I find it rather amusing the way God teased Elijah out there in the wilderness. You see, Elijah was so impressed with that awe-inspiring experience on Mt. Carmel that he decided that the success or failure of God’s game plan was going to be determined by Him alone. So God said to him: “Elijah, if you want to see something awe-inspiring, step up to the top of that hill. I’ll give you a real show.” So Elijah did. And there came a great wind—a wind so strong that the mountains were split and the stones were cracked in half. That was awe-inspiring. But God wasn’t in the wind. Then came the earthquake that threatened to slake the whole of creation back into the dust. That was awe-inspiring. But God wasn’t in the earthquake. Then there came a blast of fire ten times more powerful than anything that Carmel had ever known. That too was awe-inspiring. But God wasn’t in the fire.
Then God said in a thin, small voice: “Oh yes, Elijah, I can do spectacular things when I want to do them. But I don’t want to force or frighten people into my arms—I want to love them there. And please understand this, Elijah. My plans were made before you were born and they will still be being worked out when you are gone. I am in charge.” That’s the King’s perspective.
I think that’s where Jesus and Elijah were different. Jesus had the King’s perspective. Elijah did not. Elijah, crouching under a juniper bush cried out, “It is enough!” Jesus, hanging on the cross, cried out, “It is finished!” Elijah, running to save his own life, cried, “I can’t take it anymore.” Jesus, pouring out His life’s blood to save us all, cried, “Father, into Thy hands I commend my spirit.” That’s the King’s perspective—knowing that God’s still in control.
You know, I think we have a tendency to see Jesus on the cross as he was depicted during the middle ages, a pale, ghostly, ghastly figure, spreadeagled against the sky—bloody, beaten, battered and besmeared. But that’s not the way the early Church saw Him. They pictured Him on the cross, but they pictured Him wearing the royal crown on His head and driving the enemies of God before Him like He drove the moneychangers out of the temple. They saw the cross of Jesus Christ as being a part of God’s ultimate plan for the redemption of the world. They saw the cross as God’s trump card, God’s master play, God’s checkmate on evil. And that’s what it was. There on the cross, when Jesus was at the end of his rope, He searched out and took hold of the sure and certain knowledge that the victory belonged to God—and because it belonged to God, the victory would be His as well. That’s the King’s perspective.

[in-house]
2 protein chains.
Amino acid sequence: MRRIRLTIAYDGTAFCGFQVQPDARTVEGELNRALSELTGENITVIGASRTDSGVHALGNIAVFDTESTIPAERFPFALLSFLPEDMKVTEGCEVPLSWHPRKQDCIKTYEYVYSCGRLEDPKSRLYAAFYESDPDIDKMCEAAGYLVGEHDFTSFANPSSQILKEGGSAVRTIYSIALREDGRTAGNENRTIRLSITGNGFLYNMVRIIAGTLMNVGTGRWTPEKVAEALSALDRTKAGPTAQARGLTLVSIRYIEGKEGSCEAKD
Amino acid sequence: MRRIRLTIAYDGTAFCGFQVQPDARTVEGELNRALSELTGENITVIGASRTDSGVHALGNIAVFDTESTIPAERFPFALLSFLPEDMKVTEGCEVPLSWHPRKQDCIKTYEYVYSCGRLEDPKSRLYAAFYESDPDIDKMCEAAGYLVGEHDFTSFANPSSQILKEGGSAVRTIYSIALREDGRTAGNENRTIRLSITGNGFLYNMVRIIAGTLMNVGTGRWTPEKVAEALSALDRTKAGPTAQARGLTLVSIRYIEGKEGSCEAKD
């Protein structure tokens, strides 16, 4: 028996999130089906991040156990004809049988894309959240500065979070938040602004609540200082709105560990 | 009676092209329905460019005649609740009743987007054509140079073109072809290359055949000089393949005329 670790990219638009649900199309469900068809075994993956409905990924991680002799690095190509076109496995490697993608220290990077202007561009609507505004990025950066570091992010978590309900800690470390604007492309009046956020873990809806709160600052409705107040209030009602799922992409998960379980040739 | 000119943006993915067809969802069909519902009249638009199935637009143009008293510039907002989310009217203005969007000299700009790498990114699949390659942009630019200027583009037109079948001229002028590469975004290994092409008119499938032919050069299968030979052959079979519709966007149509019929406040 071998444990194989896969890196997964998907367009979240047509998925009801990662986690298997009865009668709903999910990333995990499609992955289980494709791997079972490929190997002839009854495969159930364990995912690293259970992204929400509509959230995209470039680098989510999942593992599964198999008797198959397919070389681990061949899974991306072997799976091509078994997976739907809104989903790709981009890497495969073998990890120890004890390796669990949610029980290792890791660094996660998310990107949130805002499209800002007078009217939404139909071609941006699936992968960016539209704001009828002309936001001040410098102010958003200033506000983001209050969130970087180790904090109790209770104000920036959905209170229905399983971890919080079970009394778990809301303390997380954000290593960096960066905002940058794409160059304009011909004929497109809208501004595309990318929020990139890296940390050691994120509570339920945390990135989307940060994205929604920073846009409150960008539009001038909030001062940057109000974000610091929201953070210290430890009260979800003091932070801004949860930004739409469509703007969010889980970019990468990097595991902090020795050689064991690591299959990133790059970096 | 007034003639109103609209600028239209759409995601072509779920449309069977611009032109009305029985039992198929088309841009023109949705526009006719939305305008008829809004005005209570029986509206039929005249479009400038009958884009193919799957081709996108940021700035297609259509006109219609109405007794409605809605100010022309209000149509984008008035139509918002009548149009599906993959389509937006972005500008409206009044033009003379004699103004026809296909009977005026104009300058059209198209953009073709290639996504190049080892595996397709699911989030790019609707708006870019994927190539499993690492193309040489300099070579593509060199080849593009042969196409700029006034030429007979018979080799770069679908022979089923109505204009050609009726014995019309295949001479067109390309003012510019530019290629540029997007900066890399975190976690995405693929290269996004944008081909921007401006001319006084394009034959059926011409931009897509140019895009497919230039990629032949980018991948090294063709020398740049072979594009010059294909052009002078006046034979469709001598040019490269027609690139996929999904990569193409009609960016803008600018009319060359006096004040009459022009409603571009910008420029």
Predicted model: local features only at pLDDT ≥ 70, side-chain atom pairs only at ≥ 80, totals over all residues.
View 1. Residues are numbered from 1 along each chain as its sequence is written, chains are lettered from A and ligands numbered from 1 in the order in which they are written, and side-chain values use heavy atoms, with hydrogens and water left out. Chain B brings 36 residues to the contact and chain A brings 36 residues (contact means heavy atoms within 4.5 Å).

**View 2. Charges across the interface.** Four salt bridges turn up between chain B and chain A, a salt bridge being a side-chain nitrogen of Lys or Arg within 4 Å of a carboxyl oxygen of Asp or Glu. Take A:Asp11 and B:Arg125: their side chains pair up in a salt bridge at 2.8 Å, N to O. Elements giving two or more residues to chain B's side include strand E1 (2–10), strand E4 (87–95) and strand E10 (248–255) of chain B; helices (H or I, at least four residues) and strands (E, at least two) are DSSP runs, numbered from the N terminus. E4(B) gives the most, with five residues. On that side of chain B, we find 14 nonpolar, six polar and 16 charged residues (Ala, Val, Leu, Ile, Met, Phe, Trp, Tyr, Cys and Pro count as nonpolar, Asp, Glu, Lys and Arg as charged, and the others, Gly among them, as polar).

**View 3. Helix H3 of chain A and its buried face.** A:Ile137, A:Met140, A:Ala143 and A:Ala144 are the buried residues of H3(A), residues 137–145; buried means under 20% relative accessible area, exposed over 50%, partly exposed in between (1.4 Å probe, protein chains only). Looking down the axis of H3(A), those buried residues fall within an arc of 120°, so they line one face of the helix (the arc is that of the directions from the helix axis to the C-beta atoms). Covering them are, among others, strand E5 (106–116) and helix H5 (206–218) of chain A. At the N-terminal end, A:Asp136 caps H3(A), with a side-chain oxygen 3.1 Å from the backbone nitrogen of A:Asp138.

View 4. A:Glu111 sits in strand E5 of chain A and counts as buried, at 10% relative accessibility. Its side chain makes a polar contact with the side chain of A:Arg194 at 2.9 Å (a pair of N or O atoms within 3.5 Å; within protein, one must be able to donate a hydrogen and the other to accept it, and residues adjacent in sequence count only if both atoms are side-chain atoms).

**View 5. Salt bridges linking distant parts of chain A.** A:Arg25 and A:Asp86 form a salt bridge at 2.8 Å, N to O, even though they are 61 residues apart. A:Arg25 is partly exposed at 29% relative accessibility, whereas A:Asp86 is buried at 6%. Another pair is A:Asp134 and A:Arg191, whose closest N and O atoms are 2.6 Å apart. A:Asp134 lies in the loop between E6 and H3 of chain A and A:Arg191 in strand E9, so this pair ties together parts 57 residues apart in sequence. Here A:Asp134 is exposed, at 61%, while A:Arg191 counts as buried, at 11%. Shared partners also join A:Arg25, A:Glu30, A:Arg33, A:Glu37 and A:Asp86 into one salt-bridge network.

And when you have the King’s perspective, you can face anything in life—anything, no matter how hard or difficult or frustrating it may be. I think here of Paul.
I love to read chapters 7-12 in Paul’s Letter to the Romans. In the 7th chapter Paul gets all tangled up in his own sin and guilt, and he cries out: “Wretched man that I am, who will deliver me?” Then he remembers that the victory belongs to God and he is in God’s hands, so in the 8th chapter, he writes powerfully: “I am persuaded that neither death, nor life, nor angels, nor principalities, nor powers, nor things present, nor things to come, nor height, nor depth, nor anything else in all creation will be able to separate us from the love of God in Christ Jesus our Lord.” But then in the 9th chapter, he slips back into the hole again as he begins worrying about what’s going to happen to his friends and loved ones in Israel. So in chapter 10 and 11, he wrestles through the problem until he begins to realize that they, too, are in God’s hands. So what does he do? He sings a joyful doxology: “O the wonder of the riches and the wisdom and the knowledge and the power of God. To Him be the glory forever.” Then it all comes together in the 12th chapter where, in light of God’s final cosmic triumph in Christ Jesus, all Paul can say is: “I appeal to you, my friends, present yourselves as a living sacrifice, holy and acceptable to this triumphant God.”
That’s looking at life from the King’s perspective. And I say it again: when you’ve got the King’s perspective, you can face anything in life—anything at all—and you can win over it. And when you feel you’ve gotten to the end of your rope in life, in the name of Jesus Christ, hang on! Ultimately, God will give you the victory.
You and I are completing our 11th month together. In that time a lot has happened. We have shared births and deaths and baptisms and weddings and funerals and joys and heartaches. Some of our people have gone to be with the Lord. Some have moved away. Many more have come to be with us. There have been some changes made; most of them, I pray, have been for the good. God is building a deep love in my heart for you, and from your expressions to me, I feel that He is building a love in your hearts for me. And that makes me feel very good. Yes, a lot has happened in eleven months. And I have to confess to you that there have been times in the midst of it all when I have said: “Lord, I’d like to sit down for a while.” And God has replied: “Not on your life, get up!” “But, Lord, couldn’t we just coast for a little bit?” “Not now; forward march!” “But, Lord, I’ve seen it all—it’s enough.” “Howard, you haven’t seen the half of it yet.” “Well, Lord I can’t do it all by myself.” Then open your eyes and look around you—there are more than 2000 people in that congregation who are truly committed to Jesus Christ and the work of His Church. “But, Lord, can’t you see that I’m running low on hope?” “Well, quit feeling sorry for yourself, and you keep right on giving everything you’ve got to those people, and don’t you forget this for a single moment—you and I are in this thing together!”
I love this story of Elijah, for it reminds me that no matter what happens to me in life, this is still God’s world. And it reminds me that no matter what, God still has a plan for the world. And it reminds me, best of all, that you and I—together—have a part in God’s plan. For someone who feels that they have reached the end of the rope, that’s very good news.
Thanks be to God who gives us His victory in Jesus Christ!